Just as Christie’s has been predicting—one might even say, hyping—81-year-old British artist David Hockney became the most expensive living painter tonight when Portrait of an Artist (Pool with Two Figures) (1972) sold for $90.3 million at the postwar and contemporary art auction in Rockefeller Center. All told, the sale realized a total of $357.6 million, compared with a revised pre-sale estimate of $323 million to $421.5 million.
The record-making Hockney’s unpublished pre-sale estimate had been $70 million to $100 million, though much of the pre-sale chatter guessed $80 million as the likely level.
Generating almost as much buzz as the sky-high asking price was the fact that the Hockney painting went to the block without any type of guarantee—almost unheard of in this day and age, when consignors know how to play the big auction houses off against one another.
More stunning still was the fact that the work did not have a reserve—an undisclosed minimum price at which the buyer or auction house agrees to let it sell. Auctioneer Jussi Pylkkanen playfully addressed the point and drew laughs from the audience when he quipped, “And everyone wants to know where I can start it.”
He opened bidding for the Hockney at $18 million. It was immediately met with a volley of bids—both from the room and on the telephones.
It shot up in $2 million and $3 increments and was in the mid $60-millons within about 60 seconds. Bidding eventually came down to a two-way war between Christie’s chairman Marc Porter and another Christie’s specialist bidding for a client. They duked it out from about $70 million on, mostly in $500 thousand increments.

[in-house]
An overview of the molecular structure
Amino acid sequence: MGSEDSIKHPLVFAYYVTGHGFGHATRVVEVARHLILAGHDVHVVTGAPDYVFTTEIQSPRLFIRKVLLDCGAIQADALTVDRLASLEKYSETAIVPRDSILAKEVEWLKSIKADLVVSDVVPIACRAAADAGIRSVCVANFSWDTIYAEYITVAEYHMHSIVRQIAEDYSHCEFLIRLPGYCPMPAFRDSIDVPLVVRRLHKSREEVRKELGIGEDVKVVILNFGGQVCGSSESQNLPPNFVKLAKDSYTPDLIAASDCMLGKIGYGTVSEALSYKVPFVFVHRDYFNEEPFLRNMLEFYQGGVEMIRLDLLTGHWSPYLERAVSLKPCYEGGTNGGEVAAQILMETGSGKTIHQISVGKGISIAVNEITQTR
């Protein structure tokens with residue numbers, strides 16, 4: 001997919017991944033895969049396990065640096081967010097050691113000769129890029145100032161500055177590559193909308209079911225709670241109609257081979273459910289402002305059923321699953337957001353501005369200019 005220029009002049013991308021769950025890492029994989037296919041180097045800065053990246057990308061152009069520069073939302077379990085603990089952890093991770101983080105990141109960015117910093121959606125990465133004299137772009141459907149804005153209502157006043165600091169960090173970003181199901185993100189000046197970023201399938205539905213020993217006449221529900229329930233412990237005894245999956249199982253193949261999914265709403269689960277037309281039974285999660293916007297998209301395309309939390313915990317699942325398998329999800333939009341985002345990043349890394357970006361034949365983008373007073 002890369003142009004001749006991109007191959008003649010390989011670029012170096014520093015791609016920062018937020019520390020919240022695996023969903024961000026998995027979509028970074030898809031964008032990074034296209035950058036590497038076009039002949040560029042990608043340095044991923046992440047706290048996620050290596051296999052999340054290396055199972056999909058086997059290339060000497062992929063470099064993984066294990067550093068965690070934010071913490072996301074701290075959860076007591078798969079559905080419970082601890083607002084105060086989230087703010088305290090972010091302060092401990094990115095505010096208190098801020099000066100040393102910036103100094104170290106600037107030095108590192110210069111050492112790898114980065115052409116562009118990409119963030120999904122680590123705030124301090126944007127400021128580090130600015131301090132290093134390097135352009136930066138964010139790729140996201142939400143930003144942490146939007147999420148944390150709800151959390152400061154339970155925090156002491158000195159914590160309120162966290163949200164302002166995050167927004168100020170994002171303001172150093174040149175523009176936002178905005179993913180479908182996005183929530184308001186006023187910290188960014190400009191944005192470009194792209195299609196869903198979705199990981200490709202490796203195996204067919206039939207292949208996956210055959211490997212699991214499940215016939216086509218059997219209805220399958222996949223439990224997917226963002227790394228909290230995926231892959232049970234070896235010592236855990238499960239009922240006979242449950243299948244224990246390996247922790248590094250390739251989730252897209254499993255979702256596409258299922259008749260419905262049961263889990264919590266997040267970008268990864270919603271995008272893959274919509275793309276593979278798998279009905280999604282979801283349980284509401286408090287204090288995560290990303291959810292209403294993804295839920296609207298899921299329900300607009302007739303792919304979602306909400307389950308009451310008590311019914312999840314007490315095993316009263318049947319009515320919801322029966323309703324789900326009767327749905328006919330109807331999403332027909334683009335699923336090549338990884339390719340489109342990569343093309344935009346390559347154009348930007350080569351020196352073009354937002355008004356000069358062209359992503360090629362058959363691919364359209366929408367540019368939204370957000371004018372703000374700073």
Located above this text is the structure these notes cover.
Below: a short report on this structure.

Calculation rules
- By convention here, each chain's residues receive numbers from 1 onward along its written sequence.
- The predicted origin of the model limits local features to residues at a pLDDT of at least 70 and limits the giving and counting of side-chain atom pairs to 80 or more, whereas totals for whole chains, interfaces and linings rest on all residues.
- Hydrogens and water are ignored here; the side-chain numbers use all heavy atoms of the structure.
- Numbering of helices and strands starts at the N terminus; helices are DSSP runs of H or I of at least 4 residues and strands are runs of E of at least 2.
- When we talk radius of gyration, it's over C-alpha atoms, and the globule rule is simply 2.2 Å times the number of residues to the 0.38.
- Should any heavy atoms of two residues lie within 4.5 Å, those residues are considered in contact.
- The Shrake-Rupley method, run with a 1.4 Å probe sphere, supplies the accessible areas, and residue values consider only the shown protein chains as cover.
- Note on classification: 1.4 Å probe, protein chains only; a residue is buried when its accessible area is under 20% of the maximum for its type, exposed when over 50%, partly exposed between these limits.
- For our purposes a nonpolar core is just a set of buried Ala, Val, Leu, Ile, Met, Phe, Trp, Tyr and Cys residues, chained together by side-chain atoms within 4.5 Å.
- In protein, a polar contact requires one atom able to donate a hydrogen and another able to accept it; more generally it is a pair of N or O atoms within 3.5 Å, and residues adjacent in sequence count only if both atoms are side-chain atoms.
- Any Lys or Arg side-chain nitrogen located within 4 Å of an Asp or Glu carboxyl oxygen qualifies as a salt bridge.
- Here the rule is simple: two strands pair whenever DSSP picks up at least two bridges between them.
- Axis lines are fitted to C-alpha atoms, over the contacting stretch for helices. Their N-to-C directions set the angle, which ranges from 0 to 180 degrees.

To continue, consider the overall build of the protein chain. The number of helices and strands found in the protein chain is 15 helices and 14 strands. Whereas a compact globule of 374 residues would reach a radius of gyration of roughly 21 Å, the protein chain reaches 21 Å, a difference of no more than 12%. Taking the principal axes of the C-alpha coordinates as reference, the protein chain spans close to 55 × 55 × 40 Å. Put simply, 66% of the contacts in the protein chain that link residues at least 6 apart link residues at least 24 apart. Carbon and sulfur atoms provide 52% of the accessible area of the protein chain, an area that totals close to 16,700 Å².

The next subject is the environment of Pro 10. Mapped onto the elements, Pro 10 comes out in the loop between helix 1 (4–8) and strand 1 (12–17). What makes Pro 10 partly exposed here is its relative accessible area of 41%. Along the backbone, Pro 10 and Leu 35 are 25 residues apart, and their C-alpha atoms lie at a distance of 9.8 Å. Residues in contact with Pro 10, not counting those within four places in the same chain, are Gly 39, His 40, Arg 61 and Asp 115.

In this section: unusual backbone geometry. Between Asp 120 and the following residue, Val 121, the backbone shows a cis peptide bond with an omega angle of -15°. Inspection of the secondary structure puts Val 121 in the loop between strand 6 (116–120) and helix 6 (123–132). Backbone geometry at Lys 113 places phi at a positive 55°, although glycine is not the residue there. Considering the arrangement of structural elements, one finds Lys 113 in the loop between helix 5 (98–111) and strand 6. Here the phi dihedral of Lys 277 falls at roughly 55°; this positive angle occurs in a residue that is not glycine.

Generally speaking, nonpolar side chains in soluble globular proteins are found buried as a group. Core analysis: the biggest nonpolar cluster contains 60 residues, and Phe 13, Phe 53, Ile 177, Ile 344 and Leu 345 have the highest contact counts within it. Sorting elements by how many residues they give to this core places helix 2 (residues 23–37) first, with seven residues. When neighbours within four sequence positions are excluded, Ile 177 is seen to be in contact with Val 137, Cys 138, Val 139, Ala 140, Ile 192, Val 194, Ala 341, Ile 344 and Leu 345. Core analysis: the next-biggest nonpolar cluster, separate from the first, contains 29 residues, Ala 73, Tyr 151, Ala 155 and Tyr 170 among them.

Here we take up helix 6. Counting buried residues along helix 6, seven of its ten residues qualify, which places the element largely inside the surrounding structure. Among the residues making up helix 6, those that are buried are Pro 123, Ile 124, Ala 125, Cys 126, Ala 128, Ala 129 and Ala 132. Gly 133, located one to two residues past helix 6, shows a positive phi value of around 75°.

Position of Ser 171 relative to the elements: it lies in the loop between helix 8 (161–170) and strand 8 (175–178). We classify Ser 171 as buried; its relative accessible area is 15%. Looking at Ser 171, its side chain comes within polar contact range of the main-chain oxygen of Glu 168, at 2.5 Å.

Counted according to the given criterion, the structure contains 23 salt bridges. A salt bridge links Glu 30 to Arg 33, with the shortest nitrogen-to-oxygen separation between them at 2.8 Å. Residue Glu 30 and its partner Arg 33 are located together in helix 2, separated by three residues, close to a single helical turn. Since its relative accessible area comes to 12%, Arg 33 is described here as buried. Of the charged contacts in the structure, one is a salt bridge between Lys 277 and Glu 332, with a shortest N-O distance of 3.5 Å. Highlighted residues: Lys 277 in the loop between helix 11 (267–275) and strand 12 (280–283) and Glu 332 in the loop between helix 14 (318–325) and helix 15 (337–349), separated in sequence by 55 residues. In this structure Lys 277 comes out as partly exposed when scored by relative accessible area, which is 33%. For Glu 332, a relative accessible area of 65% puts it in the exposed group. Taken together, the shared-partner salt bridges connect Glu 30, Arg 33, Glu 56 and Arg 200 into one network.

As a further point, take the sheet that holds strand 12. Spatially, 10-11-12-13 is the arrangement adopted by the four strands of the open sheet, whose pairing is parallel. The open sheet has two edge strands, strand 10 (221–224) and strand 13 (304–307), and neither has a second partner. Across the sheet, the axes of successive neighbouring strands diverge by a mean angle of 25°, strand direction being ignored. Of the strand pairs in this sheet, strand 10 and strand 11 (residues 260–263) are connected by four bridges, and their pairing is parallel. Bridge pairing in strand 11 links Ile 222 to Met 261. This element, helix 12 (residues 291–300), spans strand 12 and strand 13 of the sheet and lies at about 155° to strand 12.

Portrait of an Artist was finally hammered down to Porter’s bidder for $80 million. The whole process lasted 9 long minutes.
The final result made Hockney the top selling living artist, eclipsing the previous record of $58.4 million set for a giant Jeff Koons’ Balloon Dog. It also more than tripled the British artist’s current record of $28.4 million set in May.
Hockney’s market has been on a tear of late. The consignor, believed to be British billionaire Joe Lewis, clearly bet big on this work, which he had owned for more than 25 years, having acquired it from entertainment mogul David Geffen in 1993. Though no one knows what kind of financial arrangement he had with Christie’s, the fact that he carried the risk—to the degree that there actually was any—made him the biggest winner of tonight’s sale, hands down.
Extracted from artnet.com